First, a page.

“French unions organized nearly 300 marches targeting President Nicolas Sarkozy’s social policies and crisis management … calling on members to join the protests for the first time since 2002 …

“But in a sign of how far disillusion has spread, even staff in management positions joined the marches. The number of jobseekers under age 25 increased 36 percent year-on-year in March …

“Greek police said they fired tear gas in a clash with 300 people at Athens Polytechnic. Elsewhere in Athens, nearly 6,000 protesters, mostly members of a communist trade union, gathered under the watchful eyes of 4,000 police. Many were angry at bank bailouts. ‘We won’t pay for their crisis,’ read banners from the country’s main trade union.”

Getting back to Bob Herbert’s article, here’s the phrasing Bob should have used. The substitution of just one word would have shown the cause-and-effect relationship that is escaping everyone’s attention. Bob would have been entirely accurate if he had written:

“But we can’t seem to get credit flowing in any normal way again; we can’t stanch the terrible flow of home foreclosures; because !! (instead of “and”) we’re not doing nearly enough to address the most critical need of all: putting people back to work.”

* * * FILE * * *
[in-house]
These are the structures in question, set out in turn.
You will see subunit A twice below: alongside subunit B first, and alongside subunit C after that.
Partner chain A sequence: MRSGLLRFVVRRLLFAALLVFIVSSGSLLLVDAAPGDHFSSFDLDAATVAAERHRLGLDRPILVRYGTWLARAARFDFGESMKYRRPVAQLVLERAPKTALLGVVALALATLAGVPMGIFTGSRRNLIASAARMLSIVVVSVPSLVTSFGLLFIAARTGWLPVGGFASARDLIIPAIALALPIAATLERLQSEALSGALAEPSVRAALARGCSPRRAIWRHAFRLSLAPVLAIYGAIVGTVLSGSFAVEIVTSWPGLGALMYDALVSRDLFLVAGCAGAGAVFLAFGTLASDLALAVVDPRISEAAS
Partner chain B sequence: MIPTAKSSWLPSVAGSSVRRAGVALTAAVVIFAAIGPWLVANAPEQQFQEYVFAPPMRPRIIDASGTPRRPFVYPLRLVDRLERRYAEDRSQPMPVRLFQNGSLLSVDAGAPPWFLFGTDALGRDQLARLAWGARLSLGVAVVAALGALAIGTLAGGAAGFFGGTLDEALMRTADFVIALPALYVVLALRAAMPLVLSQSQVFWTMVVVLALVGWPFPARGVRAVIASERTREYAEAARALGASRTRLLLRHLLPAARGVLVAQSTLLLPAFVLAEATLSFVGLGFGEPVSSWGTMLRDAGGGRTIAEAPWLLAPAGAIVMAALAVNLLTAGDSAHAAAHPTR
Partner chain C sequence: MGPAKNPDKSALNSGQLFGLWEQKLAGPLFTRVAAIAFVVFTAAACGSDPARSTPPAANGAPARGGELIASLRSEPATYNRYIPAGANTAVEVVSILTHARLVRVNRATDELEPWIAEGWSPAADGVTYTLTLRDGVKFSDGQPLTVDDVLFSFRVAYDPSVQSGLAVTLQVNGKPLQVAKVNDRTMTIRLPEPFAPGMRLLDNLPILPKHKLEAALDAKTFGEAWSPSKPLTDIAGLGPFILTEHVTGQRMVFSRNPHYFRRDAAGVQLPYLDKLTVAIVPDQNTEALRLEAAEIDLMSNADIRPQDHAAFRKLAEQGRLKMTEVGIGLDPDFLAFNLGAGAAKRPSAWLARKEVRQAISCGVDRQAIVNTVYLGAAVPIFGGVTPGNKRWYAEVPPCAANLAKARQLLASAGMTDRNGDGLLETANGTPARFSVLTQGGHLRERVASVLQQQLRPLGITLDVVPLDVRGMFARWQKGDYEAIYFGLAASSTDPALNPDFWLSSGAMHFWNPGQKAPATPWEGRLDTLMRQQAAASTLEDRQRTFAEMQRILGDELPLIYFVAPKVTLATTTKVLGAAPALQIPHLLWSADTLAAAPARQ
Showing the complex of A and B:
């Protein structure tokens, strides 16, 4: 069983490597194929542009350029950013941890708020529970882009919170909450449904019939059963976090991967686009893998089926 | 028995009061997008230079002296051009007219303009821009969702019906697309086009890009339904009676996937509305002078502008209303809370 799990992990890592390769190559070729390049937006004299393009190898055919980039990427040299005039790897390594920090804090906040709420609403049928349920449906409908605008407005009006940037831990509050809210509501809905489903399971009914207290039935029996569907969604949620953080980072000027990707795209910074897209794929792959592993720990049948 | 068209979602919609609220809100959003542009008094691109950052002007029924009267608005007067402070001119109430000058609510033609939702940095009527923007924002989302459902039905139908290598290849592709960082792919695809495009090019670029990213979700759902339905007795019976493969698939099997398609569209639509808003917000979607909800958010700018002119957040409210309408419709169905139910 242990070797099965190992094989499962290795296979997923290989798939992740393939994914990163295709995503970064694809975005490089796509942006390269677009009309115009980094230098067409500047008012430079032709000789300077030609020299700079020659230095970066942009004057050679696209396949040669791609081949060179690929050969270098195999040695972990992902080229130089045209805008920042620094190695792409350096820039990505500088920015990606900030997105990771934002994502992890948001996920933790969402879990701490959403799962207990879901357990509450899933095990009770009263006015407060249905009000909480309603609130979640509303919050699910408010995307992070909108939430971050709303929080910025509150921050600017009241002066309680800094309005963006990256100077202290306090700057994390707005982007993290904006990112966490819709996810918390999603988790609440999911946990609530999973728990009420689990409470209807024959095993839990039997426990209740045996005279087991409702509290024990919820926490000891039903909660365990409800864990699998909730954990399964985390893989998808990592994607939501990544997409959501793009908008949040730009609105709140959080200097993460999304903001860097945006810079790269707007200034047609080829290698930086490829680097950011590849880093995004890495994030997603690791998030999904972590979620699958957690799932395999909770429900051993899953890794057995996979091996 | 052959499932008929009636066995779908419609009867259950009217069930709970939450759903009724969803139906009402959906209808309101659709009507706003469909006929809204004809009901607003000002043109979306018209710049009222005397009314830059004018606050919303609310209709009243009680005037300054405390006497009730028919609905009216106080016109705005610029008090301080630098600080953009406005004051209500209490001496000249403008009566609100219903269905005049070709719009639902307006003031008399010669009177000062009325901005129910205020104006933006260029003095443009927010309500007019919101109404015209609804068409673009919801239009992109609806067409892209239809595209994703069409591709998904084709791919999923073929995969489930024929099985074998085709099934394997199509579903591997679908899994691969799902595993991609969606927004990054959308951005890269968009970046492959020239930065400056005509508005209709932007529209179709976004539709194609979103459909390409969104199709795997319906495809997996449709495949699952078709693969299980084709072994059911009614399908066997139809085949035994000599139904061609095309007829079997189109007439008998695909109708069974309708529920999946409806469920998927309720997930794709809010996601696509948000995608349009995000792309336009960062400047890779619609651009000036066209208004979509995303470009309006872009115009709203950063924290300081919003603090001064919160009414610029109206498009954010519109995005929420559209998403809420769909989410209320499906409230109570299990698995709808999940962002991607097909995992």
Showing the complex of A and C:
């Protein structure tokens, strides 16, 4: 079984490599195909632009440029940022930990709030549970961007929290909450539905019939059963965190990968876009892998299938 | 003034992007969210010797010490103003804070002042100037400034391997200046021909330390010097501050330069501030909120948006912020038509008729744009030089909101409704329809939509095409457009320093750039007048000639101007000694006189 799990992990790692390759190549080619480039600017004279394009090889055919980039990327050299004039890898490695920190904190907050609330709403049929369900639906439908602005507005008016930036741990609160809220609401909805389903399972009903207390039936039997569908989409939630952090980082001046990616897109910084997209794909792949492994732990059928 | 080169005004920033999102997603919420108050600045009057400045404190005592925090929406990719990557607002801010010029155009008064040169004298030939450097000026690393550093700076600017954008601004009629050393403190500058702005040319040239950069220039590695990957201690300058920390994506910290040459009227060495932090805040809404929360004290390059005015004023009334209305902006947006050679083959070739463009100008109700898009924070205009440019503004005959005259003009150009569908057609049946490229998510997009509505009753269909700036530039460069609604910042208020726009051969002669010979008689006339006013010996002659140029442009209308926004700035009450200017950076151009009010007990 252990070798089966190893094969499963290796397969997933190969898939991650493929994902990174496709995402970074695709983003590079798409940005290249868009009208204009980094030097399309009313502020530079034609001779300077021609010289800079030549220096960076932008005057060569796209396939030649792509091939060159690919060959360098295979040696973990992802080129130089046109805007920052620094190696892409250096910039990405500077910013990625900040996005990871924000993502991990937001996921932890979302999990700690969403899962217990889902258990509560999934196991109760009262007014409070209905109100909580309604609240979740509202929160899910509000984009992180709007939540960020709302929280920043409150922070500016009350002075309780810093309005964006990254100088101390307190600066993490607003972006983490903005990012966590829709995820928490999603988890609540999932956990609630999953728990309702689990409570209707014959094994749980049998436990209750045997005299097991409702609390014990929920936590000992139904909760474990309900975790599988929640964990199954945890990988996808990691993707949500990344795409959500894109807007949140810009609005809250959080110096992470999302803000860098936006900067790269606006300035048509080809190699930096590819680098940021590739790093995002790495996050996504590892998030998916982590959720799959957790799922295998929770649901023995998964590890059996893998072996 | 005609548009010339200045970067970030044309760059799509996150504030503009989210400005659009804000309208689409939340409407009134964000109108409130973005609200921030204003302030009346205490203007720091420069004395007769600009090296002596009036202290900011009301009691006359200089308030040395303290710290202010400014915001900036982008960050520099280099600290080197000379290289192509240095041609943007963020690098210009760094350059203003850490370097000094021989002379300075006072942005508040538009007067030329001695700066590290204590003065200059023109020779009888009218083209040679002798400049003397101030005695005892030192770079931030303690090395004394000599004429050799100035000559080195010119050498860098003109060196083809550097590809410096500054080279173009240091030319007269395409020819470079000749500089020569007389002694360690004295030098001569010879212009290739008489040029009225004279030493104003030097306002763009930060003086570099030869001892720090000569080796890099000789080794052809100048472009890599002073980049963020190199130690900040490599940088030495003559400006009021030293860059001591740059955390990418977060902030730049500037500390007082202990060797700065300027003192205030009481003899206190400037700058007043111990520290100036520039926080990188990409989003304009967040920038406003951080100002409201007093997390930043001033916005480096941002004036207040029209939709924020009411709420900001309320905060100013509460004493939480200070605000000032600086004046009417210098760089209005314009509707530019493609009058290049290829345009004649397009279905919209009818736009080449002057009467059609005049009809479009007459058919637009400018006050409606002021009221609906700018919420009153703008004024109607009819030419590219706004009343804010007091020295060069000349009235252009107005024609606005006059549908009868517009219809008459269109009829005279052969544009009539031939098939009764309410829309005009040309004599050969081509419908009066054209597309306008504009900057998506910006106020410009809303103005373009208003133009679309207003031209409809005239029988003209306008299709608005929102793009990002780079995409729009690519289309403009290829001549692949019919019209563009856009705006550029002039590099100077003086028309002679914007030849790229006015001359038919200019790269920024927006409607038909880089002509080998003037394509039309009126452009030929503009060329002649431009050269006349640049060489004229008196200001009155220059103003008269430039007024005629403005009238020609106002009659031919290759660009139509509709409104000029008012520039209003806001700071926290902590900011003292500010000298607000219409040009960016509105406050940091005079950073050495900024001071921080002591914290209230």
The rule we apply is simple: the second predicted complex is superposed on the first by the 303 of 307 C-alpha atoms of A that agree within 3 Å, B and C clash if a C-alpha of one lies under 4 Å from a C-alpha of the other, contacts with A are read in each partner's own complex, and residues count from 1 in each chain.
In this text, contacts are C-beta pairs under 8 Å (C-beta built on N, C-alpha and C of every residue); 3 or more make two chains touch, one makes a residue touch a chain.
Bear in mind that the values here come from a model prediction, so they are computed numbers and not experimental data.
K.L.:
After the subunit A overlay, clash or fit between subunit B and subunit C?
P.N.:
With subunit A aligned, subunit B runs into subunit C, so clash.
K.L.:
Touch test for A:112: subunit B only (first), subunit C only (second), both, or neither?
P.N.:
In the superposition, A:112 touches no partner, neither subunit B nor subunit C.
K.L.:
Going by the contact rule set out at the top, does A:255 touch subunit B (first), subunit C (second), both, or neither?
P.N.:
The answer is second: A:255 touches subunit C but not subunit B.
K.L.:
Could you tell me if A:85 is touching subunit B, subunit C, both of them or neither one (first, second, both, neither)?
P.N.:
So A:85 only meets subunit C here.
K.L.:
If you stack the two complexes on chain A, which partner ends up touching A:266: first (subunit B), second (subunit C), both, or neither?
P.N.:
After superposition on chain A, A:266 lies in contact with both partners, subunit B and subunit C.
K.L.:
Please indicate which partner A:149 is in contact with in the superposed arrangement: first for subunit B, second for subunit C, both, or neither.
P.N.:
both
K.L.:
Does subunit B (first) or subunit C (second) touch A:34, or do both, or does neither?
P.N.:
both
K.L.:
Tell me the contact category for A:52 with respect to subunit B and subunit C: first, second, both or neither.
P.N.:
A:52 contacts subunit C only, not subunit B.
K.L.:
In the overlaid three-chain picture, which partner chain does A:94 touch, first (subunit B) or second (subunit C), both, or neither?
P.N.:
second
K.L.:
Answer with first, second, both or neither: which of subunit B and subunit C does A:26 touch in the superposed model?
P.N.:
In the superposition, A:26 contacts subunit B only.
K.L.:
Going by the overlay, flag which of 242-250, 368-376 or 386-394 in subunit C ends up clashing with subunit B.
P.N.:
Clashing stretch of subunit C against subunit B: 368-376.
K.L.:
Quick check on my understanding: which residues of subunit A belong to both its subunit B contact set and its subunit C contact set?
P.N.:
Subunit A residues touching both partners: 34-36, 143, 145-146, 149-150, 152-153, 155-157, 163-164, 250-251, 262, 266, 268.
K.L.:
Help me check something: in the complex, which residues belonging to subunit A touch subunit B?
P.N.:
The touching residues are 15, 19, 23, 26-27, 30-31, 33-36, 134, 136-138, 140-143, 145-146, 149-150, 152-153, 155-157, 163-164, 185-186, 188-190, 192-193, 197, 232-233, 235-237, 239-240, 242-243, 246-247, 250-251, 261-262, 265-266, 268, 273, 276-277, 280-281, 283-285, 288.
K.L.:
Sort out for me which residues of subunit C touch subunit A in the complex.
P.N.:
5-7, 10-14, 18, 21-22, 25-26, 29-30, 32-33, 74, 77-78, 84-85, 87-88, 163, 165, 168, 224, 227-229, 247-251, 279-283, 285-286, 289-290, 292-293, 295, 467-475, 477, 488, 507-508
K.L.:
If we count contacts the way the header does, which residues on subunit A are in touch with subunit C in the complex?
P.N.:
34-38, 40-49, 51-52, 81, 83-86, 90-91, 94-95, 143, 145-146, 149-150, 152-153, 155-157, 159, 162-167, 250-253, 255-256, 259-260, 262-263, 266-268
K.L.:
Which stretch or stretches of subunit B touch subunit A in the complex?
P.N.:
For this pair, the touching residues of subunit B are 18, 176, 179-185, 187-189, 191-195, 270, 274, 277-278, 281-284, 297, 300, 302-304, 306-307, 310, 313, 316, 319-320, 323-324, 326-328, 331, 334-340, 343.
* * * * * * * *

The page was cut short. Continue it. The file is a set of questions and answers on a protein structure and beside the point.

But how could we ever manufacture anything in this country that overseas workers couldn’t duplicate at a much lower cost? Any attempt would put us back at square one.

Not so. Employed Americans become spending Americans, and when spending Americans become demanding Americans – who become consuming Americans – overseas factories will hum again. But what can employed Americans produce without foreign competition? Our patented containerships … as we’ve been saying all along. Under a government-mandated Emergency Shipbuilding Program … like the one that ended the “Great Depression” (see Vol. XIX, Art. 10) … 50 million Americans would be employed to build the vessels needed to revive the world’s economy. [And if that doesn’t happen soon, we’ll be smelling pepper spray and tear gas on Main Street, USA.]